By J.W. Joseph, Martha Zierden, Joseph W. Joseph, Julia King, Ellen Shlasko, Daniel T. Elliott, Chester B. DePratter, Thomas R. Wheaton, Bobby Gerald Southerlin, Dave Crass, Katherine A. Saunders, Michael O. Hartley, William Green, Monica Beck, Ronald Anthon
The 18th-century South used to be a real melting pot, bringing jointly colonists from England, France, Germany, eire, Switzerland, and different destinations, as well as African slaves—all of whom shared within the reviews of adapting to a brand new surroundings and interacting with American Indians. The shared strategy of immigration, variation, and creolization ended in a wealthy and various old mosaic of cultures. The cultural encounters of those teams of settlers could finally outline the that means of existence within the 19th-century South. The much-studied plantation society of that period and the Confederacy that sprang from it became the iconic identities of the South. an entire figuring out of southern historical past isn't really attainable, in spite of the fact that, with no first knowing the intermingling and interactions of the region's 18th-century settlers. within the essays accrued right here, a few of the South's prime old archaeologists study a variety of facets of the colonial event, trying to know the way cultural identification was once expressed, why cultural range was once ultimately changed by means of a typical identification, and the way some of the cultures intermeshed. Written in obtainable language, this e-book may be useful to archaeologists and non-archaeologists alike. Cultural, architectural, and armed forces historians, cultural anthropologists, geographers, genealogists, and others drawn to the cultural legacy of the South will locate a lot of worth during this booklet. extra reviews:In the Southeast, the place the written checklist is going again years, ancient archaeology is a subdivision of heritage in addition to anthropology, for the compleat old archaeologist mines all assets. The individuals to this quantity at the colonial Carolinas and Georgia ask historic questions, supply considerable ancient contexts, and current their findings within the universal language of scholarship.—The magazine of Southern background
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The 18th-century South used to be a real melting pot, bringing jointly colonists from England, France, Germany, eire, Switzerland, and different destinations, as well as African slaves—all of whom shared within the stories of adapting to a brand new setting and interacting with American Indians. The shared strategy of immigration, variation, and creolization led to a wealthy and numerous old mosaic of cultures.
First released in 2000. Routledge is an imprint of Taylor & Francis, an informa corporation.
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Additional resources for Another's Country: Archaeological and Historical Perspectives on Cultural Interactions in the Southern Colonies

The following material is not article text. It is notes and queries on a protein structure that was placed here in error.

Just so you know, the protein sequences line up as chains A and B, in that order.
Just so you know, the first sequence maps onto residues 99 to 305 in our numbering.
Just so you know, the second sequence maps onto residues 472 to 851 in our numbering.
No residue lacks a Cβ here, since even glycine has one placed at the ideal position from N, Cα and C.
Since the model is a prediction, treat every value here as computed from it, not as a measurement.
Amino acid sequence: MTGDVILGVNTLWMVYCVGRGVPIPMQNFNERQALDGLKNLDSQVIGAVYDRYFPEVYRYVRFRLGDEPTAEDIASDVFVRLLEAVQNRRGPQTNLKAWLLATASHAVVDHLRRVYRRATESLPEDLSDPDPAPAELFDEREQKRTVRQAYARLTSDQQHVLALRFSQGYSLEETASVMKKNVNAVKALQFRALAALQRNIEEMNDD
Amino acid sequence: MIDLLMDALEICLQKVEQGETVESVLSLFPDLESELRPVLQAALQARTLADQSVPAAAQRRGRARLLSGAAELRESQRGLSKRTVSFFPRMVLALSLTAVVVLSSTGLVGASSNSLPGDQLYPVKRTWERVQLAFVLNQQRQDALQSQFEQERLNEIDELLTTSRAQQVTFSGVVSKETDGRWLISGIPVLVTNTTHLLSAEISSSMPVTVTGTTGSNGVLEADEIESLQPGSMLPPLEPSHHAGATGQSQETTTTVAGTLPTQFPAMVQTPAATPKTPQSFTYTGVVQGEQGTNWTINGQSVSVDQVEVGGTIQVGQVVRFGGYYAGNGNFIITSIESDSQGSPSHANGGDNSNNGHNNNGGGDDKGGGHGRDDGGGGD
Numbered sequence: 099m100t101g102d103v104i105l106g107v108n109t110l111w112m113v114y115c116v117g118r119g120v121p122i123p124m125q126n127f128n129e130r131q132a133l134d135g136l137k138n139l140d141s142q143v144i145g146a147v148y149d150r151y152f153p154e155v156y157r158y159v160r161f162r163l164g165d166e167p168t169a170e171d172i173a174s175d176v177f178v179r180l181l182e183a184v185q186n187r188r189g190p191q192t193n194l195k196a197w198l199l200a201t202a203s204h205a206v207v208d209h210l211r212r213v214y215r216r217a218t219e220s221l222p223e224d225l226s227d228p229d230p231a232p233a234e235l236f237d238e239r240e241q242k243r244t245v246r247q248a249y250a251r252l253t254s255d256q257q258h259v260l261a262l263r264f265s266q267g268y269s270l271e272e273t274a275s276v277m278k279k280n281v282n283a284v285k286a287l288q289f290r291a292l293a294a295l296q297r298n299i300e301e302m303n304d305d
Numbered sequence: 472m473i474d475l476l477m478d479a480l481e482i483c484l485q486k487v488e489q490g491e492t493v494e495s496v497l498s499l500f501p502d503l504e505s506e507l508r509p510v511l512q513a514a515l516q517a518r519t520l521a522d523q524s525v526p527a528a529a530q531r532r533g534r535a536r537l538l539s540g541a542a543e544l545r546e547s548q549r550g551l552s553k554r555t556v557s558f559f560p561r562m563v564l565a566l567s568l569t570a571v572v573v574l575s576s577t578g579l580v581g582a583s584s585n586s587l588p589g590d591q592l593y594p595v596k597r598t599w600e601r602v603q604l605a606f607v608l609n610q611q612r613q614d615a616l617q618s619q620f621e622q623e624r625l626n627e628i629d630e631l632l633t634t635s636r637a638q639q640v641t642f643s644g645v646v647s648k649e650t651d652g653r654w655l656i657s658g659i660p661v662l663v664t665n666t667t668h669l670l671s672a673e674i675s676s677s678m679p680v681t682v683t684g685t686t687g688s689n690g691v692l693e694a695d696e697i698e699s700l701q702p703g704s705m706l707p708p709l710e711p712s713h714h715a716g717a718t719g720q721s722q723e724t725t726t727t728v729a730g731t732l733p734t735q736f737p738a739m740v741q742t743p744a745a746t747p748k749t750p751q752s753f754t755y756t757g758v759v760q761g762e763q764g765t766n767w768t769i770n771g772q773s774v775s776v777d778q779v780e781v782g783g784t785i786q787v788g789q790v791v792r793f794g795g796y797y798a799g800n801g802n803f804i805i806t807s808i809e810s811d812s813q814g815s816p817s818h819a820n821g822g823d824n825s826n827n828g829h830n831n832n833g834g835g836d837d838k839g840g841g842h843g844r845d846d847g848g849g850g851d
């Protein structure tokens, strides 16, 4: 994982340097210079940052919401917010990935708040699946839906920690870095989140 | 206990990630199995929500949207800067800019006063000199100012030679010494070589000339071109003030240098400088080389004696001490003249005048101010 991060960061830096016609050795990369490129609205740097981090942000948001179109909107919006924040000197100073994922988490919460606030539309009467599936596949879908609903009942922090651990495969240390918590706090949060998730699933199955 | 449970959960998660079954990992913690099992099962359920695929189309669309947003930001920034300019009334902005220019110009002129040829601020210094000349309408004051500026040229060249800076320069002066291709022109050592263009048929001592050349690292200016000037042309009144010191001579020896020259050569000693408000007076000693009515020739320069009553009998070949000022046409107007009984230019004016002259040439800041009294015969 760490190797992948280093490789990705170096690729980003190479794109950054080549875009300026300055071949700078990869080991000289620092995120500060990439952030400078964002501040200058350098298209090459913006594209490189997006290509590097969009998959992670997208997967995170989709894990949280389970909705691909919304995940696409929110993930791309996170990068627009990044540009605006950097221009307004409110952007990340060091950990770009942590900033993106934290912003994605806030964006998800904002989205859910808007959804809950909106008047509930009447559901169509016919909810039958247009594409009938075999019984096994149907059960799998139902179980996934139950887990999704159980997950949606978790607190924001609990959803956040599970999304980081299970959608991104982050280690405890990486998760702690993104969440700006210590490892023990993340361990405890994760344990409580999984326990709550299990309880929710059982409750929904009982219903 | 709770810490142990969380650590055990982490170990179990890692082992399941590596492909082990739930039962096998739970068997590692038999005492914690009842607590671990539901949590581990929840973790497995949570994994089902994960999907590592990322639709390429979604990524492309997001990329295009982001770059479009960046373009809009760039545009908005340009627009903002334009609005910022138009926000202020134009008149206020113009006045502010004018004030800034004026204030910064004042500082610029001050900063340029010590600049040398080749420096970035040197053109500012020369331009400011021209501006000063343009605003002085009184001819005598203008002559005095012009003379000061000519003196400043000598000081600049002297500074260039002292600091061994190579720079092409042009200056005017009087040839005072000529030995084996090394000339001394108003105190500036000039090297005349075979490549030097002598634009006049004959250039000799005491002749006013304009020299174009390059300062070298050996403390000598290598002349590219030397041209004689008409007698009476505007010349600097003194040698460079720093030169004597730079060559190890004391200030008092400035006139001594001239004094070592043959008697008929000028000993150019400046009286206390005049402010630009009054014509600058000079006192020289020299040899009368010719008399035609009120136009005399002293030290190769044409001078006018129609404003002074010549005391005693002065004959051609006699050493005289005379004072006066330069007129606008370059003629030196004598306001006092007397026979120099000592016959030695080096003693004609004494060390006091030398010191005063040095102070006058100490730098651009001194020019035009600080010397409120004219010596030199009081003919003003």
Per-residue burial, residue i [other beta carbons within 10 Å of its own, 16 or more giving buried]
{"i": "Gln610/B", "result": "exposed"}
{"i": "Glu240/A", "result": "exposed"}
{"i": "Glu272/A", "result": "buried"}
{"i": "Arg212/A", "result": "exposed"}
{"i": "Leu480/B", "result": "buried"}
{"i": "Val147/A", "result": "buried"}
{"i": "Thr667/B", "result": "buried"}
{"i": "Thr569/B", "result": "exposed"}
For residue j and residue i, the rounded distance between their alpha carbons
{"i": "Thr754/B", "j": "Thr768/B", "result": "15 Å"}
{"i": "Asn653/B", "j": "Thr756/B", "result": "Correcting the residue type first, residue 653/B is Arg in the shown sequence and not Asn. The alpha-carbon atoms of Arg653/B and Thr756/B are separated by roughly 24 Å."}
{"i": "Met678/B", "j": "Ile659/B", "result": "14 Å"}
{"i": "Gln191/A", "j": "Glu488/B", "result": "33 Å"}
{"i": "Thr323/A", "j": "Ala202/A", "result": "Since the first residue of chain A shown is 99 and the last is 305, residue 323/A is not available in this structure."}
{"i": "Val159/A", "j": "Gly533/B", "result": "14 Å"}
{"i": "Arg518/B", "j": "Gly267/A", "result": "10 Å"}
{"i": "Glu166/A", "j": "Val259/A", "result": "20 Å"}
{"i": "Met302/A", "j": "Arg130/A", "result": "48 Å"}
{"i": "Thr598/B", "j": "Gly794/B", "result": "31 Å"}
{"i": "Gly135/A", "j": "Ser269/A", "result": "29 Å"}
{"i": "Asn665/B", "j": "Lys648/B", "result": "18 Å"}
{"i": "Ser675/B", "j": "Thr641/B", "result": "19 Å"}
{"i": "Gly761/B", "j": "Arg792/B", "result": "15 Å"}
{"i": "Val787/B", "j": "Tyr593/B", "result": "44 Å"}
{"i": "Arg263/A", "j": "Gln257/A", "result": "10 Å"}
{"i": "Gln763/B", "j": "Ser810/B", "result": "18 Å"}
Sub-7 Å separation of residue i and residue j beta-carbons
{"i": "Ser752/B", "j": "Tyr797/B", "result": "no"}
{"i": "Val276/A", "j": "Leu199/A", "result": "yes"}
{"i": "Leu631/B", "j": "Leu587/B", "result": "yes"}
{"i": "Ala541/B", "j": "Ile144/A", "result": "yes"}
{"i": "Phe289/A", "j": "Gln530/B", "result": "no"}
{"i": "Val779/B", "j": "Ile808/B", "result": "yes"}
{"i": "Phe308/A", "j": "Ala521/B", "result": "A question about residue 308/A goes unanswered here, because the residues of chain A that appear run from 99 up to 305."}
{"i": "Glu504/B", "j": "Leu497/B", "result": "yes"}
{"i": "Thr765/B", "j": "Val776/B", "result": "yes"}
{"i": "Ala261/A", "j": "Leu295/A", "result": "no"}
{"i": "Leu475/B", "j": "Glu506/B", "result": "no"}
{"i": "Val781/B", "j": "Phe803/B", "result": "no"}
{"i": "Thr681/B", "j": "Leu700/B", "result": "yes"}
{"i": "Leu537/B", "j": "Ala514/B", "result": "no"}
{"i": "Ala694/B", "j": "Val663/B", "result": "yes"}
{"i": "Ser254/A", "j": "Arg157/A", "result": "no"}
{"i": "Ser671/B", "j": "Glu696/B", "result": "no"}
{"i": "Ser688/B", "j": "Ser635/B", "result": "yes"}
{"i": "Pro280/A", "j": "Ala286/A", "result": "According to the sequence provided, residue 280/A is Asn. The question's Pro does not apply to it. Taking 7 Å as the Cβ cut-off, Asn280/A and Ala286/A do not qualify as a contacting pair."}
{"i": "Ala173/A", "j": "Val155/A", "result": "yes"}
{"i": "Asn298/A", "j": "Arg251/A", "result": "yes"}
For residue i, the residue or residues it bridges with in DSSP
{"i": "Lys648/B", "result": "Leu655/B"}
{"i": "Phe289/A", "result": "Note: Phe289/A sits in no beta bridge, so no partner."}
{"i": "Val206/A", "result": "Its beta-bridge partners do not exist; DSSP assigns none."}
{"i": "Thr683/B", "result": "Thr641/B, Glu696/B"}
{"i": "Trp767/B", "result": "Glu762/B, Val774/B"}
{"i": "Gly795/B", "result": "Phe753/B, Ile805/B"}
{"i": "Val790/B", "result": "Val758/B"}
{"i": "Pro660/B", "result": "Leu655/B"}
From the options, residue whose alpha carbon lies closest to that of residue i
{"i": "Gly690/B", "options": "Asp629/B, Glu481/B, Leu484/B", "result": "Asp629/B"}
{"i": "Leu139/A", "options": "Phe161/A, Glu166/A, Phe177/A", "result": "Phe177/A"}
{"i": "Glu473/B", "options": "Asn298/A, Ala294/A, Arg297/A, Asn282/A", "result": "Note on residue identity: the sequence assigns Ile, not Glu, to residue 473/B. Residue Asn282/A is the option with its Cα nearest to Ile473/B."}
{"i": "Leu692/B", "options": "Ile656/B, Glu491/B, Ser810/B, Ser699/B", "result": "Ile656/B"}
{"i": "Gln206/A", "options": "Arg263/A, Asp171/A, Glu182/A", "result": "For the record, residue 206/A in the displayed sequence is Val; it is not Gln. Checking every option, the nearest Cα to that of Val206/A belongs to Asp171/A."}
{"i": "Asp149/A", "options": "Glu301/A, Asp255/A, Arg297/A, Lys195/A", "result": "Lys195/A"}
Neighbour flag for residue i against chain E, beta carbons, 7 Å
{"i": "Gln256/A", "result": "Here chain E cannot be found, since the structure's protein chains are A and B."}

Composed mainly of groups from the former Georgia chiefdoms of Tama and Guale, the Yamasee lived for over thirty years with the Carolina colonists as their trading partners, as mercenaries, and as slave raiders. For most of their tenure in Carolina, the Yamasee were the colonists’ closest native allies; however, trader abuses, encroachment upon their land, mounting debt, and a fear of enslavement eventually turned these trusted allies into the colonists’ most bitter enemies. In 1989, Chester DePratter, William Green, and David McKivergan began the Yamasee Archaeological Project (DePratter and Green 1990; Green 1992; McKivergan 1991).
DePratter, and Bobby Southerlin As was typical of the Carolina traders, it did not take them long to forget that the Yamasee were their allies. On their return from St. Augustine, some of Moore’s soldiers stole hogs belonging to a Yamasee Indian (Salley 1934:48). In addition, on February 5, 1703, the Commons House of Assembly recorded a complaint that John Cochran, later killed by the Yamasee at Pocotaligo, “hath by pretended authority from the Governor, taken away from severall Yamasee Indians, the plunder which they had taken at St.
Helena and “Cosapue” raided the Timucuan mission of Santa Catalina de Afuica, killing eighteen men and women and capturing twenty-¤ve slaves who were taken back to Carolina (Hann 1990:472; Lanning 1935:220–22; Sainsbury 1928–1947, vol. 2:8–9). In addition, they ransacked the mission and carried away many of the church ornaments, some of which were later recovered by the Spanish from Governor Joseph Morton’s plantation on Edisto Island (Worth 1995:148–49). On the way back from Santa Catalina, the Yamasee stopped at their former village of Tama on Amelia Island to celebrate their victory.
Another's Country: Archaeological and Historical Perspectives on Cultural Interactions in the Southern Colonies by J.W. Joseph, Martha Zierden, Joseph W. Joseph, Julia King, Ellen Shlasko, Daniel T. Elliott, Chester B. DePratter, Thomas R. Wheaton, Bobby Gerald Southerlin, Dave Crass, Katherine A. Saunders, Michael O. Hartley, William Green, Monica Beck, Ronald Anthon